11. Hi Annie. I was fortunate to stumble across your post on Normandie Tourist site as trying to get my day togehter here in Normandie. Just have today and tomorrow. We are staying in Cherborg tonight and tomorrow night and want to make the most of the last two days in Normandie. Any thoughts as to the pennisula? Love your posts and twitter updates. BTW, I also shared your blog with friend from DallasTX who I thought would love. Was at small reception yesterday in Honflour and met mayor and took picture together. Was great moment and time there. Have a great remainder of trip.

  12. Hi Annie…….I have been researching my Uncle’s war records and have discovered he was one of the first pathfinders just before D-Day 1944 and he apparently became Lt Col Pine-Coffin’s radio operator when they took the Caen Canal/Pegasus Bridge. His name is William Arthur Hardy, known as Bill and I believe he was with the 6th Paras. I have recently found that there was another William (Billy) Hardy in the ist Battalion The Royal Ulster Rifles and he may be the person shown in the Pegasus Archive as having been awarded the Military Medal for his actions on 9th June 1944 at Longueval. The service number shown is 7012420. They were both Sergeants and Billy’s son, Brian, has indicated on the Guest Book of the RuR site that he was a CQMS (Company Quarter Master Sergeant?). Up until the D-Day 70 anniversary, I/our family thought it was our Bill Hardy who was cited in the Pegasus Archive, but not having his Service Number we could not confirm this. I could not find a William Hardy listed in the Horsa Glider lists, so presume our Bill Hardy parachuted in, but again I could not find any mention of either William Hardy on the Paradata web site. As you can appreciate, we would like to sort out which William did win the Military Medal and hope you or any reader of your blog can help to resolve “the mystery”. BTW……our Bill Hardy became the Lord Mayor of Coventry. Thanks Tom D.

    1. Hi Tom, I haven’t really looked into this in too much detail as it can be hard to do without knowing service numbers. You can request military records from Kew if you’re a direct descendent as far as I know so that might be a good start.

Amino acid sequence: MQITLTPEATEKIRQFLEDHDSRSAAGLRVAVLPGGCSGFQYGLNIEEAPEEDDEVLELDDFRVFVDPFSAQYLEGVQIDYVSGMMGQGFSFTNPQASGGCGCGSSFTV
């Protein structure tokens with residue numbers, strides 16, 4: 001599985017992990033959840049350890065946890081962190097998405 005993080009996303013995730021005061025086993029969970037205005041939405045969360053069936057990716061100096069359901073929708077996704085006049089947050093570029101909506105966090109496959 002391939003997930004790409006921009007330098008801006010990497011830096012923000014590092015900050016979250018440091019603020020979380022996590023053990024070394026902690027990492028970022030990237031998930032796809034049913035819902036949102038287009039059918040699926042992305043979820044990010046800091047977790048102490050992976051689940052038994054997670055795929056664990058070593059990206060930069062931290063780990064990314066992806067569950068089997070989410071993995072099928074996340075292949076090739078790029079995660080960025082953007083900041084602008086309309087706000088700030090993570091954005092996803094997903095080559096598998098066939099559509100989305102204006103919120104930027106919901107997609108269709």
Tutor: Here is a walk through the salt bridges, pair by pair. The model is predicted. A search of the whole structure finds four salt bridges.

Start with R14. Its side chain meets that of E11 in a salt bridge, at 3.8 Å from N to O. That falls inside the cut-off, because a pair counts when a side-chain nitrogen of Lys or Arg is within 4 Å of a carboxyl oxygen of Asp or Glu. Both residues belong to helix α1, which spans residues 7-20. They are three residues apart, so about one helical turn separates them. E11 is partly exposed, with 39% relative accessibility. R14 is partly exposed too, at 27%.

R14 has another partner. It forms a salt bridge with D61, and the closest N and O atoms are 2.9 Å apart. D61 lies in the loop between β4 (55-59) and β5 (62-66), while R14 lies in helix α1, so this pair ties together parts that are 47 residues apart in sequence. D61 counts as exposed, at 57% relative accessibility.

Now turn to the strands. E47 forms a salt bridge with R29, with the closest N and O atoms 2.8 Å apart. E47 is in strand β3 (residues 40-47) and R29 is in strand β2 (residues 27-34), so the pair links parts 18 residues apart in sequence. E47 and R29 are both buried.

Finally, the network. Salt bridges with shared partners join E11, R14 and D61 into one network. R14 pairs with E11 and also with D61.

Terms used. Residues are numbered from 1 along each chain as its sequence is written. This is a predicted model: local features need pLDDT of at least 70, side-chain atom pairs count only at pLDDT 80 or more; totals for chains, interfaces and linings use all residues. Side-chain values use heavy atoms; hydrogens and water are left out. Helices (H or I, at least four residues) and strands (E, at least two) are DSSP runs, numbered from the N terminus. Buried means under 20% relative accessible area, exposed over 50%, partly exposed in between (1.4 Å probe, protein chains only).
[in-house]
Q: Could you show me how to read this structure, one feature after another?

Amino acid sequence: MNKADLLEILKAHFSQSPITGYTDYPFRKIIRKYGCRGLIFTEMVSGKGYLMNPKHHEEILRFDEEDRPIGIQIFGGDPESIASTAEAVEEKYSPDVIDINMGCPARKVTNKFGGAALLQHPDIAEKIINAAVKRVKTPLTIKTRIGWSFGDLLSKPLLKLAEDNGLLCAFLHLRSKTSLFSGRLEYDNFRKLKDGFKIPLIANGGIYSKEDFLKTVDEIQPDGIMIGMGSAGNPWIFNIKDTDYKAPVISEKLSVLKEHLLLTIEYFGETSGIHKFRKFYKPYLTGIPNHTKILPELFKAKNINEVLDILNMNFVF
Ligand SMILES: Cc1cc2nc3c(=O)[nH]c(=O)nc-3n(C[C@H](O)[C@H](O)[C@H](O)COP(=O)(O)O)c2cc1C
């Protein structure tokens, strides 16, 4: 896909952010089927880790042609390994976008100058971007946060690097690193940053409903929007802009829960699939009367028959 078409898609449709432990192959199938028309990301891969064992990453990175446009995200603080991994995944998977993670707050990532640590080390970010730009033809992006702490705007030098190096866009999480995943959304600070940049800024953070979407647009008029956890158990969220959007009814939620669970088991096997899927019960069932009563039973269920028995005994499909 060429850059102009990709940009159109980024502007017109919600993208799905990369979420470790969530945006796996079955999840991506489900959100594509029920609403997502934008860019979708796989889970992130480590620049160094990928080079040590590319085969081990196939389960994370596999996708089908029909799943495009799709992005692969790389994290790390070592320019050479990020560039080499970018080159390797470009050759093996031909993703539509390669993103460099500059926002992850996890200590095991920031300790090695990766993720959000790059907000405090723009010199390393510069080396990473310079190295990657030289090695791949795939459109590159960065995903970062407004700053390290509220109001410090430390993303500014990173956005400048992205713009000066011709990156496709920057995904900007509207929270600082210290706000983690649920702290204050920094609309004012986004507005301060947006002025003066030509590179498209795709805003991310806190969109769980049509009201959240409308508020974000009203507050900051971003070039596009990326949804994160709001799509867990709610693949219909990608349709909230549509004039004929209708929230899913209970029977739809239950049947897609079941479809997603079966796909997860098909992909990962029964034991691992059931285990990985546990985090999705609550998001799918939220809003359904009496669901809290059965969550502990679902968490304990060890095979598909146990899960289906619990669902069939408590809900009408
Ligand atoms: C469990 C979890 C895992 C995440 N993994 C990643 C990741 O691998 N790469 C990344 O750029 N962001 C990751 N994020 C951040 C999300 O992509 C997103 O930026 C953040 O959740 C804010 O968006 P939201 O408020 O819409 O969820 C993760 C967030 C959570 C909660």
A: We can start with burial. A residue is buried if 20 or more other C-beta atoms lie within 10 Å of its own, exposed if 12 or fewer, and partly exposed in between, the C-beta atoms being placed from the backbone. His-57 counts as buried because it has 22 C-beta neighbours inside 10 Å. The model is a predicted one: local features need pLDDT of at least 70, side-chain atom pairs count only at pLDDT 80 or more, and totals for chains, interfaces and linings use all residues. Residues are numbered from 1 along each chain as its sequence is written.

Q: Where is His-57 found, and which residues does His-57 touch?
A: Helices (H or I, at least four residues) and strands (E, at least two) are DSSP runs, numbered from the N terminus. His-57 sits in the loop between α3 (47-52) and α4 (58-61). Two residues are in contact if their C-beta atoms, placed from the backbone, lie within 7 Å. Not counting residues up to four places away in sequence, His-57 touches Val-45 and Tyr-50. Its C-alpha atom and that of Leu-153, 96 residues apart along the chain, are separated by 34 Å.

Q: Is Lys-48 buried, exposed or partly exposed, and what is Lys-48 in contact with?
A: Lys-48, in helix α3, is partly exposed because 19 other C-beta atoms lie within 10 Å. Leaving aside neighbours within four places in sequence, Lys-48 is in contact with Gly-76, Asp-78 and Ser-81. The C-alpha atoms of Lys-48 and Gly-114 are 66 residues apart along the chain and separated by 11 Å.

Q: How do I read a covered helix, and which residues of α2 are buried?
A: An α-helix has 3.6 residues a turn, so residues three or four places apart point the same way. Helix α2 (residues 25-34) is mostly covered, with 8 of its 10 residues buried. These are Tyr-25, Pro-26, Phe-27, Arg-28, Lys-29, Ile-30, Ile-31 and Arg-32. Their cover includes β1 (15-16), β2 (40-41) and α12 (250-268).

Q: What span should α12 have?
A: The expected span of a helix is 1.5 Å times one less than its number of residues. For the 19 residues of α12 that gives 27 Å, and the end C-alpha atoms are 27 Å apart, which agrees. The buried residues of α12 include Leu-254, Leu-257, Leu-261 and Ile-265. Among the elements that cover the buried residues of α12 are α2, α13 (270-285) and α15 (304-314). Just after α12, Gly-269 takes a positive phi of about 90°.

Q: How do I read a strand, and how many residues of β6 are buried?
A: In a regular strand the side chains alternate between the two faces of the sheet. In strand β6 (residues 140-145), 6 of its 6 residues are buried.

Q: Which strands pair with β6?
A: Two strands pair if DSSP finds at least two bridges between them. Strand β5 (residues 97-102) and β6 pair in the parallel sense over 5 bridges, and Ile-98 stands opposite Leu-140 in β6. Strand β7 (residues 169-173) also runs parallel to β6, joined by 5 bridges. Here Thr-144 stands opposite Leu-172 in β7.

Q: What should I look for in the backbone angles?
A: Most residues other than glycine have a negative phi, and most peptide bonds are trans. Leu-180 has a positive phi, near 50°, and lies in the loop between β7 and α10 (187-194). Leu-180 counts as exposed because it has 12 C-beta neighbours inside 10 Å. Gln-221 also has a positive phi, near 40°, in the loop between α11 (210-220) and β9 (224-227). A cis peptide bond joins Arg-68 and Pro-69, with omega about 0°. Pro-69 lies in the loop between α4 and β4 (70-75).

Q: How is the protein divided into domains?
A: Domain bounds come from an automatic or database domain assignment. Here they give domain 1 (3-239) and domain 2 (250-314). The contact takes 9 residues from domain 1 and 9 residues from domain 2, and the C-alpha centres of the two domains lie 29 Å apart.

As for the the “two” William Hardys. You have said that your uncle was a ‘Pathfinder’ with the 6th Airborne. Pathfinder was a fairly new and Americanised term and the Pegasus Archive lists Royal Ulster Rifleman Billy Hardy as being part of the Reconnaissance Corps which was the British equivalent.

      It’s also worth noting that 1st Battalion (Airborne) Royal Ulster Rifles made up part of the 6th Airborne Division on D-Day so while a soldier could be listed as part of 6th Airborne Division he could equally be listed as 1st Battalion Royal Ulster Rifles at the same time. My own grandfather was 1st Royal Tank Regiment as well as 7th Armoured Division.

      Basically ‘both’ William Hardys could well be the same person. If so, your uncle was a tremendously brave man and if not, well, all the William Hardys out their played a vital role which shouldn’t be forgotten.

      I’ll be including the story of 1st RUR William Hardy over on my website so if you find out any more details it would be great to hear from you.

  13. Thanks for your response Scott. I tried accessing your website http://www.scottedgar.co.uk to obtain a link to you, but it came up as no longer available. I also found the wwiini.org site but could not get a facebook link to you. On the plus side, I found the forces-war-records site and a search of William Hardy came up with 44 possibles for WW2. The first is William Hardy of the Royal Ulster Rifles, but you need to register for their “free trial” to get any more details. Do you happen to be registered with them and could check out this record for the service number and military service record + medals? According to my cousin, her father, Bill, enlisted with the London Irish Rifles near Fenny Compton in Warwickshire in 1937 and eventually joined the paras. She said he also obtained medals for operations in France, Germany, Greece, Norway and Italy.